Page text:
CANOAS, Ecuador (AP) — Ecuadoreans were sleeping outside and struggling to find food and water on Friday in the wake of aftershocks that are continuing to rock coastal towns that were flattened by last weekend's powerful earthquake.
Ecuador's worst earthquake in a decade destroyed virtually all of the simple one- and two-story buildings making up the beach town of Canoas on April 16. Residents sleeping in makeshift shelters said they were praying that it didn't rain.
A magnitude-6.0 quake struck off the coast late Thursday, followed by more shaking that sent people running from the structures that remained half-standing after the initial quake. Local television stations showed people crying in fear and President Rafael Correa reminded residents that aftershocks were to be expected, and urged them to stay calm and strong.
In Canoas, 98 percent of buildings were destroyed during the original magnitude-7.8 quake, according to army Col. Jose Nunez.
The palm tree-lined beach towns along Ecuador's coast are usually bustling with tourists who come from all over the world to take in the tropical beauty. But this week, they were filled with grim-faced residents waiting for water and food, sometimes going away empty handed after hours in the sun. Like the aid workers and rescuers, residents were wearing masks against the dust and the stench in the air.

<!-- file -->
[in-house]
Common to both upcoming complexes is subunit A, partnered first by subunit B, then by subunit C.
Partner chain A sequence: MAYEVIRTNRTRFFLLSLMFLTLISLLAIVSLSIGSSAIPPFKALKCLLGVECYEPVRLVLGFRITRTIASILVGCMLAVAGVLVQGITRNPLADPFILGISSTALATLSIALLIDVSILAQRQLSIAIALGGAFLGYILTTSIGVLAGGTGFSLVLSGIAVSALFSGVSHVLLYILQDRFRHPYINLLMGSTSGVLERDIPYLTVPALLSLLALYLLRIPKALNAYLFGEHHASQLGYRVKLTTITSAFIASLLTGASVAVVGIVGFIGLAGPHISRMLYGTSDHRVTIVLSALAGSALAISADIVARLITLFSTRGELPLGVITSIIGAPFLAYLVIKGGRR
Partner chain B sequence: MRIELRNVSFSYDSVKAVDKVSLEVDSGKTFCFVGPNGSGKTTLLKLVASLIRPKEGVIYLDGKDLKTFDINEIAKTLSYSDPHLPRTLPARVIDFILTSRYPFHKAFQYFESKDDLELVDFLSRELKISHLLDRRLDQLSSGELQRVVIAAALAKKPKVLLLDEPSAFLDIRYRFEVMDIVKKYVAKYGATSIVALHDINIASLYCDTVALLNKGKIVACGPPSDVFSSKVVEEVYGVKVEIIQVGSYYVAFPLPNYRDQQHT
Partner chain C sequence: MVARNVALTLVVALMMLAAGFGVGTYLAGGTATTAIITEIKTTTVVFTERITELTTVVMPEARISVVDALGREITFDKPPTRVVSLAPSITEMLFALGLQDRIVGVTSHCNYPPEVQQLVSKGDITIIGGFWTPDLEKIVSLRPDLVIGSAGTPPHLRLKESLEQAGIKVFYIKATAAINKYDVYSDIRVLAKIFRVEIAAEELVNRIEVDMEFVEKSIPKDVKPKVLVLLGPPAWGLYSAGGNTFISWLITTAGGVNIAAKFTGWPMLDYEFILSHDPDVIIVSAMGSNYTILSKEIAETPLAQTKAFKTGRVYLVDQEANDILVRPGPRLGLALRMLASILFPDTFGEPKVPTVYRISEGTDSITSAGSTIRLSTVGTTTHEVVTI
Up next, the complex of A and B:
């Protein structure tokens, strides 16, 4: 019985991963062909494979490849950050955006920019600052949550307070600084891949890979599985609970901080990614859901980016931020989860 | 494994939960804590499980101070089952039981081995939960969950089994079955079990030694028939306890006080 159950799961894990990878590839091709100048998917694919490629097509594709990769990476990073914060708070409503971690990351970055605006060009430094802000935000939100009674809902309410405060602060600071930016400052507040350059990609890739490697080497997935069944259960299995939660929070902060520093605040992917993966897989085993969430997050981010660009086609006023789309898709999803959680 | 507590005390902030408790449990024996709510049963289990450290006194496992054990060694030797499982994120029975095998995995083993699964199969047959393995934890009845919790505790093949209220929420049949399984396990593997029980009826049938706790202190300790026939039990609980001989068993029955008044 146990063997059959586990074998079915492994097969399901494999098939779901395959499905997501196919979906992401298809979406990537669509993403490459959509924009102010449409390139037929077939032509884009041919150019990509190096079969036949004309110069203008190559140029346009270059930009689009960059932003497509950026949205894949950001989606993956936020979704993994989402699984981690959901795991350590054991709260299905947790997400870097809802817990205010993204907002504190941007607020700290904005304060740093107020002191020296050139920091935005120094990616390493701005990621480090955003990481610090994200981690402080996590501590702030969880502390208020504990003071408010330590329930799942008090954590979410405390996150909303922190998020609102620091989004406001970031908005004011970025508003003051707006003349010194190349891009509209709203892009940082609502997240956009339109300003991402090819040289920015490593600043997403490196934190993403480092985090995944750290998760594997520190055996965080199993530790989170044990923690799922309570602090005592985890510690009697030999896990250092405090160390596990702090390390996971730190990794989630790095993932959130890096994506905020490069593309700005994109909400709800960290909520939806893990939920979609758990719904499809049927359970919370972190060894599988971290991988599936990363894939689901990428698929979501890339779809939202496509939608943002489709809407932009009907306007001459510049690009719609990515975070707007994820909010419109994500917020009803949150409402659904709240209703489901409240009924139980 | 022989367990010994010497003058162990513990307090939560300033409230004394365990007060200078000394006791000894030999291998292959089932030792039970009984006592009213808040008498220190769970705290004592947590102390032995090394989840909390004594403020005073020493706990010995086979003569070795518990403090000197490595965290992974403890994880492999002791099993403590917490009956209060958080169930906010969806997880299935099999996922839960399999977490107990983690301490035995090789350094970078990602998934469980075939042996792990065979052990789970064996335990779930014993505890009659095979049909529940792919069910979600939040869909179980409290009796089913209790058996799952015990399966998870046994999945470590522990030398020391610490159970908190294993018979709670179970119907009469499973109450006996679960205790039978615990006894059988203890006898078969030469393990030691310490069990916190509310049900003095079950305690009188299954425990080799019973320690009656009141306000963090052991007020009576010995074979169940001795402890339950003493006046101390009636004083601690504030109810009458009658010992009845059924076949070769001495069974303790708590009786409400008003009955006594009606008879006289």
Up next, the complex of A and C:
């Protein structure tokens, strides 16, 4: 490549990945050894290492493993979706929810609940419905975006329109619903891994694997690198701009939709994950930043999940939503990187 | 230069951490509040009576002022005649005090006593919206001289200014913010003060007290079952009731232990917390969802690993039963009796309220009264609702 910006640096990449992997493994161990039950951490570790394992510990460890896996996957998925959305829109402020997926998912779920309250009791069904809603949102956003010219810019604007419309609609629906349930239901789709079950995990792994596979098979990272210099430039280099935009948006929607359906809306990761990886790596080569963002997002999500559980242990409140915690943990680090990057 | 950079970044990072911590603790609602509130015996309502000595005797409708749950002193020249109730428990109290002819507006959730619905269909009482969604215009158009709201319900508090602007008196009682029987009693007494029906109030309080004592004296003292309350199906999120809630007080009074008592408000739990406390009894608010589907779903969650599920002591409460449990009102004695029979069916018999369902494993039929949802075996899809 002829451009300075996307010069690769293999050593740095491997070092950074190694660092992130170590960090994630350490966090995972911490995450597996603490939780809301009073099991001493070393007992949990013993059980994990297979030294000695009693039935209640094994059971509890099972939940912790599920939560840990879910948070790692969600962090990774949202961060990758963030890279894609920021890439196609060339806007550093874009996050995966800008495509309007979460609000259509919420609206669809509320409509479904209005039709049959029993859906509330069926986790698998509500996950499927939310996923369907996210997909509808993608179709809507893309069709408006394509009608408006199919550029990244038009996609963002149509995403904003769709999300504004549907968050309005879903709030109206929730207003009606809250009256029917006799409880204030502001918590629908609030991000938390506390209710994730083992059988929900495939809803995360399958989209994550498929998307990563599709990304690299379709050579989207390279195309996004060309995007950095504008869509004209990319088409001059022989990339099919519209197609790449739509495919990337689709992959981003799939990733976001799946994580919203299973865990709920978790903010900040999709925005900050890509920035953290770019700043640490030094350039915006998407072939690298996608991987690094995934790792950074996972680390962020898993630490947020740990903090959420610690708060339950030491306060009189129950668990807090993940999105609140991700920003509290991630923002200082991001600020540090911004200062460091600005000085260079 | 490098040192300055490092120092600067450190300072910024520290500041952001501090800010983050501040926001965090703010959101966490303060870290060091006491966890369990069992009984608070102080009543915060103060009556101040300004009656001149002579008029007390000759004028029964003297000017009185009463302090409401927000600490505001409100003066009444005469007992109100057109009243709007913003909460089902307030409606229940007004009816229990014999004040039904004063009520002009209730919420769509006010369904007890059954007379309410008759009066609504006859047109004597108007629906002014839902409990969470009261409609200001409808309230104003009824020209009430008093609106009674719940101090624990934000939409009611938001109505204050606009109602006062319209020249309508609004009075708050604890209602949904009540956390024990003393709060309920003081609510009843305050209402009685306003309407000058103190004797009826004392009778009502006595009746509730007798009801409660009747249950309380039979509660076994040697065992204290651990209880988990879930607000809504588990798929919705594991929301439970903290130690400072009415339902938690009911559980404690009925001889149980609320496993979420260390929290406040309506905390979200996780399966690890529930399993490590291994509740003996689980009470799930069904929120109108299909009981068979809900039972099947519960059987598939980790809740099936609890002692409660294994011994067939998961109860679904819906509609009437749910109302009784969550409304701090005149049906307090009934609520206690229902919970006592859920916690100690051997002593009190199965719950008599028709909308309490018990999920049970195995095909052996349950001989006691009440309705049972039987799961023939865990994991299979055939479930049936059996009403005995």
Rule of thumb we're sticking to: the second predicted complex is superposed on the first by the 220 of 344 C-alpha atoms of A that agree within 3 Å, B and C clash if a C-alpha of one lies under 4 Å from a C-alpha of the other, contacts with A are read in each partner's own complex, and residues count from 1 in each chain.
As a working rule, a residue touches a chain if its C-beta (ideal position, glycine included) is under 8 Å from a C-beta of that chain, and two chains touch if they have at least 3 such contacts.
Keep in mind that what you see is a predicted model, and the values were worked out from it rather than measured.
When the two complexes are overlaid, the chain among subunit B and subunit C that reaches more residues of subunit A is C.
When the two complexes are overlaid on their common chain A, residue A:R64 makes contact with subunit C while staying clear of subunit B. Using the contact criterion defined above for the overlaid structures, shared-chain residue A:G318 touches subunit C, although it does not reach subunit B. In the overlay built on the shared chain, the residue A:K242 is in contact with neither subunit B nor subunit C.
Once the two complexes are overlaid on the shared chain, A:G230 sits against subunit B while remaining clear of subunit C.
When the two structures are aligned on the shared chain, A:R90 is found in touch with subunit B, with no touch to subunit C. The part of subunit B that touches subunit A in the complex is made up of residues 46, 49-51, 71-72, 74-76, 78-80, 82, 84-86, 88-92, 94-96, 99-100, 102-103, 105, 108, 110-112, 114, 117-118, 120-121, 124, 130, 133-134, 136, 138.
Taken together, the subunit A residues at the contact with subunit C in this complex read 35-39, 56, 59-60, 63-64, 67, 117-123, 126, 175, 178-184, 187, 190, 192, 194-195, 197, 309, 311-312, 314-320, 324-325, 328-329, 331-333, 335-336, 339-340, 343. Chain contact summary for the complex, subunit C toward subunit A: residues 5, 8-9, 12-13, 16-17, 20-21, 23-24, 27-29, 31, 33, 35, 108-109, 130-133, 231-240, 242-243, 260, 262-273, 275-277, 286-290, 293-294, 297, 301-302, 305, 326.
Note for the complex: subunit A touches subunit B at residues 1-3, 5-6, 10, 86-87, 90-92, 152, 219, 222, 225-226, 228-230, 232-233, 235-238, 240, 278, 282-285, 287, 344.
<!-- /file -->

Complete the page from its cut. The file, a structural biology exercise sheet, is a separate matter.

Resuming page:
Mercedes Murillo folded clothes Thursday in a makeshift shelter on a Canoas soccer field where she is living with 50 other families.
"It's so hard, especially with the children, with all this dust, and sleeping outside. We're thanking God that it's not raining," she said as she struggled to hold back tears.
Local media reported that some tourists staying near Canoas had come to the village to help.
Rescuers continued to comb through rubble on streets that looked at if they had been bombed, but time was out for finding survivors. Aid workers have said there are plenty of supplies from countries flying in aid, but they warned of delays in water distribution and said mosquito-borne illness could spread through the camps.
The death count rose to at least 587 on Thursday night. Officials listed 155 people as missing and the number of people left homeless climbed to over 23,500. The final total could surpass the death count from Peru's 2007 earthquake and make this the deadliest quake in South America since a 1999 tragedy in Armenia, Colombia that killed more than 1,000 people.
Correa has said the earthquake caused $3 billion in damage, and warned that the reconstruction effort will take years. His socialist administration is temporarily raising taxes to fund the recovery.
The damage has added to the already heavy economic hardships being felt in this OPEC nation because of a collapse in world oil prices. Even before the quake, Ecuador was bracing for a bout of austerity, with the International Monetary Fund forecasting the economy would shrink 4.5 percent this year.
Associated Press writer Hannah Dreier in Caracas, Venezuela, contributed to this report.